Though many tend to think of slavery as historic, it is important to understand that millions of children in places like Côte d’Ivoire and Ghana in particular still work in close to slave-like conditions in the chocolate, or cacao (Theobroma cacao), industry. Though cacao is originally native to the Americas, most of it is now cultivated in Africa. The fact that chocolate derived from the exploitation of child labor is used in some of our most important rituals—Easter, Halloween, and Valentine’s Day—is truly appalling. One person’s pleasure is thus directly at the expense of a child’s pain. Ignorance is often bliss in regards to tough subjects like this one. However, I cannot write an article like this without helping to remove such obliviousness for the sake of those children and so many other exploited agricultural workers often of Black and brown coloration all over the world. Buying fairtrade organic chocolate is one alternative to enjoying a treat with a freer conscience about its world-wide effects.
Spiritual Traditions in the Diaspora
Traditions in a place as big and complex as Africa of course abound with diversity. All over the continent, the role of ancestors carries importance. Yet, the cultures of the area now called Nigeria and neighboring Togo and Benin, for example, have had an outsized impact on the herbal and spiritual practices throughout the African diaspora from Brazil to North America. (In this case, diaspora refers to the involuntary mass dispersion and scattering of African peoples). The spiritual path of Ifá, originating from the Yoruba people, has had a major influence in particular. A pantheon of deities known as Orishas with different areas of influence and personalities are honored through these traditions. Osanyin is one spirit associated with herbalism. From Ifá, numerous traditions have sprouted in the Americas, including Candomble, Lucumi, Santeria, and others. These traditions are not to be confused with Vodun, or Voodoo, which comes largely from the Fon and Ewe cultures around Benin and Togo. Voodoo itself is different from Hoodoo, which is a less religious tradition and more syncretic from the southeastern United States.
Plant Material from Africa
The African continent is incredibly diverse and home to thousands of native grains, roots, fruits, vegetables, and legumes.4–7 Many foods and medicines from this cornucopia of plants have become cornerstones of international commerce. Many more likely have the potential for further research and popularization. When one of my mentors, Frank Cook, wrote his Master’s thesis, one of his findings was that African herbalism was one of the least understood and most undervalued of the various continental traditions according to his respondents from Europe and North America.8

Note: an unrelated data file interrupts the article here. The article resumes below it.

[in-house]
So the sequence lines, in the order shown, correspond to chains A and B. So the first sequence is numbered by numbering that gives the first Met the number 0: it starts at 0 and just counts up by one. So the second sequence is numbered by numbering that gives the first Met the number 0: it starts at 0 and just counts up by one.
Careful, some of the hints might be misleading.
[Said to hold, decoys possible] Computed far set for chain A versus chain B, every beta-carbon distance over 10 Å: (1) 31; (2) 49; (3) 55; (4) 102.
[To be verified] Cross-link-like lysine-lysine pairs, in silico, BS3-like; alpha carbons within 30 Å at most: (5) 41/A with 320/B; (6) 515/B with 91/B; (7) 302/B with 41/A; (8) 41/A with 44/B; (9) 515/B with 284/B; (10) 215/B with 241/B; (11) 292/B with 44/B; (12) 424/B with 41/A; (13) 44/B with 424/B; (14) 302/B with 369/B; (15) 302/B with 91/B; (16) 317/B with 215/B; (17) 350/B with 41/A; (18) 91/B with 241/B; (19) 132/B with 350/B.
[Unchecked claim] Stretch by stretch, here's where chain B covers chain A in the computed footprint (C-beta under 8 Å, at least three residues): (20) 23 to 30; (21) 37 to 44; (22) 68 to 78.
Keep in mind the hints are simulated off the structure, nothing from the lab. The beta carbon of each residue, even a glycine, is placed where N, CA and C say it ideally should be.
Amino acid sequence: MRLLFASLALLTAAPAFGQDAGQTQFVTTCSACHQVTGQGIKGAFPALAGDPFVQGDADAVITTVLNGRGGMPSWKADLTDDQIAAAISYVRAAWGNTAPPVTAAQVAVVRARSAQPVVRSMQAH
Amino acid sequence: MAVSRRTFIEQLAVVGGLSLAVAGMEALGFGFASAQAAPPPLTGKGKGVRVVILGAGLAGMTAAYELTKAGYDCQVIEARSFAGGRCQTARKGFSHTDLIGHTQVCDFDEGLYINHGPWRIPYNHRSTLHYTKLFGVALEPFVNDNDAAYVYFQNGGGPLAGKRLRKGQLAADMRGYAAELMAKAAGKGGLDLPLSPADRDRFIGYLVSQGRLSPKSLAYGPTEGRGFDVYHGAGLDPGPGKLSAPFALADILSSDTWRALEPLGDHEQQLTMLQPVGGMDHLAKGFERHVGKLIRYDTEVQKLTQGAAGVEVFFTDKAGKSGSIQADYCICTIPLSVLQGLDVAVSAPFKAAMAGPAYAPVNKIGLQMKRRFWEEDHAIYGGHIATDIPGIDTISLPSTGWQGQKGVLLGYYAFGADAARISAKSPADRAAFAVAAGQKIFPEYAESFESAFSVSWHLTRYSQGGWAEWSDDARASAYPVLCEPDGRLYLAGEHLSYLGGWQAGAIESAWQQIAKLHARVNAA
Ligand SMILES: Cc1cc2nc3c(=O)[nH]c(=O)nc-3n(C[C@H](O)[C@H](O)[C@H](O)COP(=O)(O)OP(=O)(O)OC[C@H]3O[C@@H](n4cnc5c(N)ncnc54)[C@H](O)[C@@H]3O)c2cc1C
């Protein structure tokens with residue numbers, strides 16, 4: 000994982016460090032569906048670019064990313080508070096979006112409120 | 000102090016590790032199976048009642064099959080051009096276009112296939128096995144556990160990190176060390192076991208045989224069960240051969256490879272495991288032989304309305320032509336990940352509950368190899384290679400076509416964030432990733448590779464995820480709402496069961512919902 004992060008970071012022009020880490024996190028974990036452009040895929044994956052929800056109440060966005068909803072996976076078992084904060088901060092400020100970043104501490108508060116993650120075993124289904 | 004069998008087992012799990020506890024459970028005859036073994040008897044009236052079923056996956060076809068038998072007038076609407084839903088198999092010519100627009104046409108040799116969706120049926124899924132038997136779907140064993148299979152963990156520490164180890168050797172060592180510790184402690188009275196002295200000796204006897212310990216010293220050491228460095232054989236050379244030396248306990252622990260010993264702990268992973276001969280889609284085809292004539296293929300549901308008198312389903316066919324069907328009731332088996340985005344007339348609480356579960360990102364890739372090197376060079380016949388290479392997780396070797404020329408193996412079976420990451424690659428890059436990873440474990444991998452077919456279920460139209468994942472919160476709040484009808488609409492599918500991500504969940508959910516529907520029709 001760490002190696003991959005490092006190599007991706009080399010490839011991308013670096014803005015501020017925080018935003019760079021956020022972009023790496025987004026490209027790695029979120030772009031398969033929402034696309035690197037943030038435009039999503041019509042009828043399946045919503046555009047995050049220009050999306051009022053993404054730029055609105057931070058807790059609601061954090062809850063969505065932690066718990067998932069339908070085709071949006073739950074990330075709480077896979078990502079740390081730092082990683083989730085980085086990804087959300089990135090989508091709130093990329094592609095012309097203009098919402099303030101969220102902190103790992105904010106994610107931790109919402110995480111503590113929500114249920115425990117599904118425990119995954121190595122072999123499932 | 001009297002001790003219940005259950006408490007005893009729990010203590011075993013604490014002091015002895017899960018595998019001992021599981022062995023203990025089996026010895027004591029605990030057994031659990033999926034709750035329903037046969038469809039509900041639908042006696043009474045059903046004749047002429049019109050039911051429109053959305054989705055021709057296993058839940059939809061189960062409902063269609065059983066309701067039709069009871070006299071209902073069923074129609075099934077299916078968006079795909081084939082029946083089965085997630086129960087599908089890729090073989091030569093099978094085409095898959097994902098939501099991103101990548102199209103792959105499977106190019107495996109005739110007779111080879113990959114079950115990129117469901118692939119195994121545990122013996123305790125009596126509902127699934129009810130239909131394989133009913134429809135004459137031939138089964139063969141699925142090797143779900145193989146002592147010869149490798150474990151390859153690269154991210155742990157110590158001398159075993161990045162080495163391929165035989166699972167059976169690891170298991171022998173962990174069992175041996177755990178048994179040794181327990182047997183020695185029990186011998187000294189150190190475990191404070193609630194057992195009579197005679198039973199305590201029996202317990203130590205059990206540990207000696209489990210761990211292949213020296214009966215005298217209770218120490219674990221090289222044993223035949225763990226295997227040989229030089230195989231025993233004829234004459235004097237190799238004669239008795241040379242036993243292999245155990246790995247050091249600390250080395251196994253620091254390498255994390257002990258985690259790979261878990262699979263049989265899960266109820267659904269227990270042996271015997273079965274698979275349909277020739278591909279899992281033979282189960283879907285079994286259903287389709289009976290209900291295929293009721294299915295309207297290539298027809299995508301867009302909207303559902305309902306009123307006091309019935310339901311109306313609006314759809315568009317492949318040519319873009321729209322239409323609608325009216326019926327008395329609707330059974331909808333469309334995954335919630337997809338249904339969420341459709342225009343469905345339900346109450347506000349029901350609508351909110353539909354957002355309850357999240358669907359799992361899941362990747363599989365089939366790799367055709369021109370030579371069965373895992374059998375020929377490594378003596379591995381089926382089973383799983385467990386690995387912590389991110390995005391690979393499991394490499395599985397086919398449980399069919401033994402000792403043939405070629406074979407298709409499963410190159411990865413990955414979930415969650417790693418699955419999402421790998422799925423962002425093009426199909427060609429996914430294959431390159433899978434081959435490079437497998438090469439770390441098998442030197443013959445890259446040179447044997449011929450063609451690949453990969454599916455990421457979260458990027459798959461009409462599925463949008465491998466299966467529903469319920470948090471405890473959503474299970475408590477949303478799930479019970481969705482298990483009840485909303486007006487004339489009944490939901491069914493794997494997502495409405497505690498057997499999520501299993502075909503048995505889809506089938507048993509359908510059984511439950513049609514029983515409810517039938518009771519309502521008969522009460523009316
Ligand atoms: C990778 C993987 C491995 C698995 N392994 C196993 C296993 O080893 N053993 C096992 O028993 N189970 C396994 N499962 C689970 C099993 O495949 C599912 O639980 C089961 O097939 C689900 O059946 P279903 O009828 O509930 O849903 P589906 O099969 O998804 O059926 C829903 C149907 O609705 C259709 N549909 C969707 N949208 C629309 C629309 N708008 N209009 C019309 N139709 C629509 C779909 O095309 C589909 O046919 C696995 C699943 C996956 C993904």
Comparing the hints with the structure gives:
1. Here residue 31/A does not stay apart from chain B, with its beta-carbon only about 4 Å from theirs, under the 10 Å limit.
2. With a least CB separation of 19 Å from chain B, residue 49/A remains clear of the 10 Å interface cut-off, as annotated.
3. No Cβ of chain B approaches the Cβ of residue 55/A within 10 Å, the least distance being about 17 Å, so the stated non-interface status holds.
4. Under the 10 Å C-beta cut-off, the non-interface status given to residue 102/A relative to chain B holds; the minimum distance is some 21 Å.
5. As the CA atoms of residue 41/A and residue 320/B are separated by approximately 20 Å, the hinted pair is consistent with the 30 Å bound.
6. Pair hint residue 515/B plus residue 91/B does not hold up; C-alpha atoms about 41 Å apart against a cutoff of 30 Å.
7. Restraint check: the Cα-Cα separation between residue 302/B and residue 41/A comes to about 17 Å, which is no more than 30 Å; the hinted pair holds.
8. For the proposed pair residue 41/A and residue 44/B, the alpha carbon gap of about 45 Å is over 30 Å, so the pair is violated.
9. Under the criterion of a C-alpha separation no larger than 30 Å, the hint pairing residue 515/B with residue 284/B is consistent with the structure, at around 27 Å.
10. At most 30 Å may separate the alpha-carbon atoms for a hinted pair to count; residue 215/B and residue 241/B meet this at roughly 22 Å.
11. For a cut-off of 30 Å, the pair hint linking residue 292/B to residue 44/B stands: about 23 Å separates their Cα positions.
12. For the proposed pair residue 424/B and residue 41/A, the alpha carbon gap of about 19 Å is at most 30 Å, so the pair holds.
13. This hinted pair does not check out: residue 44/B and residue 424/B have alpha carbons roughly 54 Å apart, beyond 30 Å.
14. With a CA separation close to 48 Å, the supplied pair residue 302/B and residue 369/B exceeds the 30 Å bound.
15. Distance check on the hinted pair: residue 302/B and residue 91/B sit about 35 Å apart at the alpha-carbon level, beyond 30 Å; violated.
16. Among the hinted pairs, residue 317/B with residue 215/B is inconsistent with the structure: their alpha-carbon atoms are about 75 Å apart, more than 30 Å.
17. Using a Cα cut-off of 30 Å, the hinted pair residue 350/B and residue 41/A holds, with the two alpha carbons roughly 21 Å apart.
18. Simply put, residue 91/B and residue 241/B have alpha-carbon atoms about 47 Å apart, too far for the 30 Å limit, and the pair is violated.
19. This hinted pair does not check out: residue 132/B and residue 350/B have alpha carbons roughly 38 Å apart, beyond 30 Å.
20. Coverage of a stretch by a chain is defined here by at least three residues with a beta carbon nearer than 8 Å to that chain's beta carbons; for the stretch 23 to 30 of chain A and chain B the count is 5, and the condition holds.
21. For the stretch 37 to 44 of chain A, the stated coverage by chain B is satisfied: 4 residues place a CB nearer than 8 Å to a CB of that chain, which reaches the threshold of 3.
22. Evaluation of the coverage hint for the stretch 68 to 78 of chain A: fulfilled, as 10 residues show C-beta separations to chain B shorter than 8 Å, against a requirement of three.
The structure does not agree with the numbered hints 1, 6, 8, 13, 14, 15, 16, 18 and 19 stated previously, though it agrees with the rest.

The anthropologist Judith Carney has detailed the traditional ecological knowledge (TEK) transfer of plants from Africa to the Americas and vice versa rather thoroughly.9 Some of these findings are distilled in the following and separated into categories. Fruits and vegetables of African origin that have become staples in the Americas include black-eyed peas (Vigna unguiculata), okra (Abelmoschus esculentus), senna (Cassia spp.), sesame (Sesamum indicum), sorrel (Hibiscus sabdariffa), and watermelon (Citrullus lanatus). Some more specifically medicinal or food-as-medicine plants include aloe (Aloe spp.) and bitter melon (Momordica charantia).
Some trees include the African oil palm (Elaeis guineensis), baobab (Adansonia spp.), cola (Cola acuminata), coffee (Coffea spp.), mango (Mangifera indica), horseradish tree (Moringa oleifera), miracle fruit (Synsepalum dulcificum), shea (Vittelaria paradoxa), and tamarind (Tamarindus indica). From a number of these trees come oils used in body care, food, and healing practices. The importance of trees for sacred and spiritual purposes in many parts of Africa is hard to overstate. Some of the best and last-remaining groves of old-growth trees on the continent are preserved by religious groups.10 The enormous baobabs are probably one of the most famous from the continent. Some beautifully big examples grow in south Florida as can be seen in the picture here.
Africa is mostly within the tropics. Much of Central and South America and the Caribbean are located in this climate zone as well. For that reason, they share a similar collection of plants known as a flora. Introduced plants from Africa were sometimes given the name “Guinea” or “Angolan” as part of their common name in recognition of origination. Angola grass (Brachiaria mutica), Angola pea (Cajanus cajan), Guinea pepper (Xylopia aethiopica), Guinea squash (Solanum aethiopicum), Guinea yam (Dioscorea cayenensis), and Guinea grass (Panicum maximum) are some examples.
Holistic Healing in the African Context
In many traditional African healing practices, as in other Indigenous groups around the world, sickness is treated holistically. It is understood that there is an inherent psychic, spiritual, and emotional component to sickness and healing. The use of special dress, music, dancing, and various other techniques in the ritual of healing is common and diverse across the continent. The time of harvest can be an important factor to consider as well. Formulas of plant mixtures may often be employed versus the silver bullet approach of one herb or pharmaceutical to treat a problem.
Botanical Knowledge Transfer